Record Details

Catalog Search

River out of eden : a Darwinian view of life / Richard Dawkins ; illustrations by Lalla Ward.

Image of item

Available copies

  • 3 of 3 copies available at Evergreen Indiana.

Current holds

0 current holds with 3 total copies.

Series Information

Science masters series.
Location Call Number / Copy Notes Barcode Shelving Location Status Due Date
Greensburg-Decatur Co PL - Greensburg 575 DAW (Text) 32826000803585 Adult Non-Fiction Available -
Morgan Co PL - Martinsville Main Library 575 DAW (Text) 78551000055373 Non-Fiction Available -
West Lafayette PL - West Lafayette 575 DAW (Text) 31951003437628 2nd Floor - Non-Fiction Available -

Record details

  • ISBN: 0465016065 (pbk.)
  • ISBN: 9780465016068 (pbk.)
  • ISBN: 0465069908
  • ISBN: 9780465069903
  • Physical Description: xiii, 172 pages : illustrations ; 25 cm.
  • Publisher: New York, NY : Basic Books, [1995]

Content descriptions

Bibliography, etc. Note:
Includes bibliographical references (pages 163-166) and index.
Formatted Contents Note:
The digital river -- All Africa and her progenies -- Do good by stealth -- God's utility function -- The replication bomb.
Summary, etc.:
How did the replication bomb we call "life" begin and where in the world, or rather, in the universe, is it heading? Writing with characteristic wit and an ability to clarify complex phenomena (the New York Times described his style as "the sort of science writing that makes the reader feel like a genius"), Richard Dawkins confronts this ancient mystery. Dawkins has been named by the London Daily Telegraph "the most brilliant contemporary preacher of Charles Darwin's theory of evolution." More than any other contemporary scientist, he has lent credence to the idea that human beings - indeed, all living things - are mere vehicles of information, gene carriers whose primary purpose is propagation of their own DNA. In this new book, Dawkins explains evolution as a flowing river of genes, genes meeting, competing, uniting, and sometimes separating to form new species. Filled with absorbing, at times alarming, stories about the world of bees and orchids, "designed" eyes and human ancestors, River Out of Eden answers tantalizing questions: Why are forest trees tall - wouldn't each survive more economically if all were short? Why is the sex ratio fifty-fifty when relatively few males are needed to impregnate many females? Why do we inherit genes for fatal illnesses? Who was our last universal ancestor? Dawkins suggests that it was more likely to have been an Adam than an African Eve. By "reverse engineering," he deduces the purpose of life ("God's Utility Function"). Hammering home the crucial role of gradualism in evolution, he confounds those who argue that every element of, say, an eye has to function perfectly or the whole system will collapse. But the engaging, personal, frequently provocative narrative that carries us along River Out of Eden has a larger purpose: the book illustrates the nature of scientific reasoning, exposing the difficulties scientists face in explaining life. We learn that our assumptions, intuitions, origin myths, and trendy intellectual and cultural "isms" all too often lead us astray.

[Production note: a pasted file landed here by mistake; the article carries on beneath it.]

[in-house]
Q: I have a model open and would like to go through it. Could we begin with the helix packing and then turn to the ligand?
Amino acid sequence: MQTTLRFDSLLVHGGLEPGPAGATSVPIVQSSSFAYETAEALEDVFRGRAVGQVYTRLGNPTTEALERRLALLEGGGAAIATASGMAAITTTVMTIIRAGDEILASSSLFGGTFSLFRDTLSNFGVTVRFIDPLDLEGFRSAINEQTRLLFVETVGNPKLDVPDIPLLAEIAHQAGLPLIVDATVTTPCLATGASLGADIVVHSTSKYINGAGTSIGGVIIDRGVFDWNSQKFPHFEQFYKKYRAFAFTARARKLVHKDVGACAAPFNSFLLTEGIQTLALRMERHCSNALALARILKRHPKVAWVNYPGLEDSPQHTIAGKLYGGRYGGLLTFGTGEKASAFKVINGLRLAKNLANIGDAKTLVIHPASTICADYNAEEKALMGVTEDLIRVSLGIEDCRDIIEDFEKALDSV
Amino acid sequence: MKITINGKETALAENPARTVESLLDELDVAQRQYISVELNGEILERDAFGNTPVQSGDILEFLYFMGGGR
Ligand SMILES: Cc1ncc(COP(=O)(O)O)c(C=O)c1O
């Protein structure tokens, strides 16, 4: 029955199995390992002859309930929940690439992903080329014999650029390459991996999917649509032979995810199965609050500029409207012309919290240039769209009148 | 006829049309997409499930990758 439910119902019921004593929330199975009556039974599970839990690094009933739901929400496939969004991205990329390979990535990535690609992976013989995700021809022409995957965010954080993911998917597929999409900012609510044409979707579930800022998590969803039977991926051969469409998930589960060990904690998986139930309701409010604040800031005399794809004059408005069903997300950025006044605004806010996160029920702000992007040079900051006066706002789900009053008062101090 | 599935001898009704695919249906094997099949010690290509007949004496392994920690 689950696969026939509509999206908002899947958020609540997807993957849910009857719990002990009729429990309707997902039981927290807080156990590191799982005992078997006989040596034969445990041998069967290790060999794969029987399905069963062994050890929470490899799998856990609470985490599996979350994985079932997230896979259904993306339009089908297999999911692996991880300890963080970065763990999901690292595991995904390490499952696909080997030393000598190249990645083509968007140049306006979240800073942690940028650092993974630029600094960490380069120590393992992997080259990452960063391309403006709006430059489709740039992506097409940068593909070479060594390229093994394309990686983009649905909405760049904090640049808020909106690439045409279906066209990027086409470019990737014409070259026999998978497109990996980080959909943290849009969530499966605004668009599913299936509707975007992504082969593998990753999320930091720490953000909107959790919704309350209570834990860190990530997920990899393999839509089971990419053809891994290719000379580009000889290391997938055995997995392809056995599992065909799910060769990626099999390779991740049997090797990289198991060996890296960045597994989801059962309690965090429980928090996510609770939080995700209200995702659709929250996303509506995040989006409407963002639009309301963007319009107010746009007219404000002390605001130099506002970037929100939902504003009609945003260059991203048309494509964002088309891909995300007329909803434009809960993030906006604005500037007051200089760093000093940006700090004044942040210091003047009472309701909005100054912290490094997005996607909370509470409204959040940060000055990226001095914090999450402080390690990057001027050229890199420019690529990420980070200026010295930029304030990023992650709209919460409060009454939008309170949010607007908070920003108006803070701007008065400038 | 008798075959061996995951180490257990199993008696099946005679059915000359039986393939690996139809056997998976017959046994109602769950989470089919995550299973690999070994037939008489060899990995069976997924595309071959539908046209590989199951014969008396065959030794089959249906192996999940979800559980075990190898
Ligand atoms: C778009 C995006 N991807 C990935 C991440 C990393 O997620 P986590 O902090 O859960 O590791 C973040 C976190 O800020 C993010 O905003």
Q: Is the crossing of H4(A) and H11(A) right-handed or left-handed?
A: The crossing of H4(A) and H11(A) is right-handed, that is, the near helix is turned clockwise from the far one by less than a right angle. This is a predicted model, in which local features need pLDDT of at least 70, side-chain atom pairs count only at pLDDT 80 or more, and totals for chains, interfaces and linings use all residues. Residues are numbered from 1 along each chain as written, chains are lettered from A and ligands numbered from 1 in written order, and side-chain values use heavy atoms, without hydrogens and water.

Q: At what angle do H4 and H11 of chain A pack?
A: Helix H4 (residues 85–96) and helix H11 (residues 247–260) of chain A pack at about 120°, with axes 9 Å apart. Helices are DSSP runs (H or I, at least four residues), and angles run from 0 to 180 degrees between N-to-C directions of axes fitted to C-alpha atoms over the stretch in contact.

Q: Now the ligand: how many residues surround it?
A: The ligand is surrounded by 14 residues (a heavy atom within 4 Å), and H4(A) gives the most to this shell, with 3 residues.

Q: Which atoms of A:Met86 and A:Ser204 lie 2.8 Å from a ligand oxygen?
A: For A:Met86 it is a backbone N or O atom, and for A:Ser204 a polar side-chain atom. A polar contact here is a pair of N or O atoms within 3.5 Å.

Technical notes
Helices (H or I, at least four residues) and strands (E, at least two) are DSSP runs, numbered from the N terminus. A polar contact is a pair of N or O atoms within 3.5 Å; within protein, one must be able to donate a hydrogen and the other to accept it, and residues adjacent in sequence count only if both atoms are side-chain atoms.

Target Audience Note:
1220 Lexile.
Subject: Genetics.
Evolution (Biology)

Additional Resources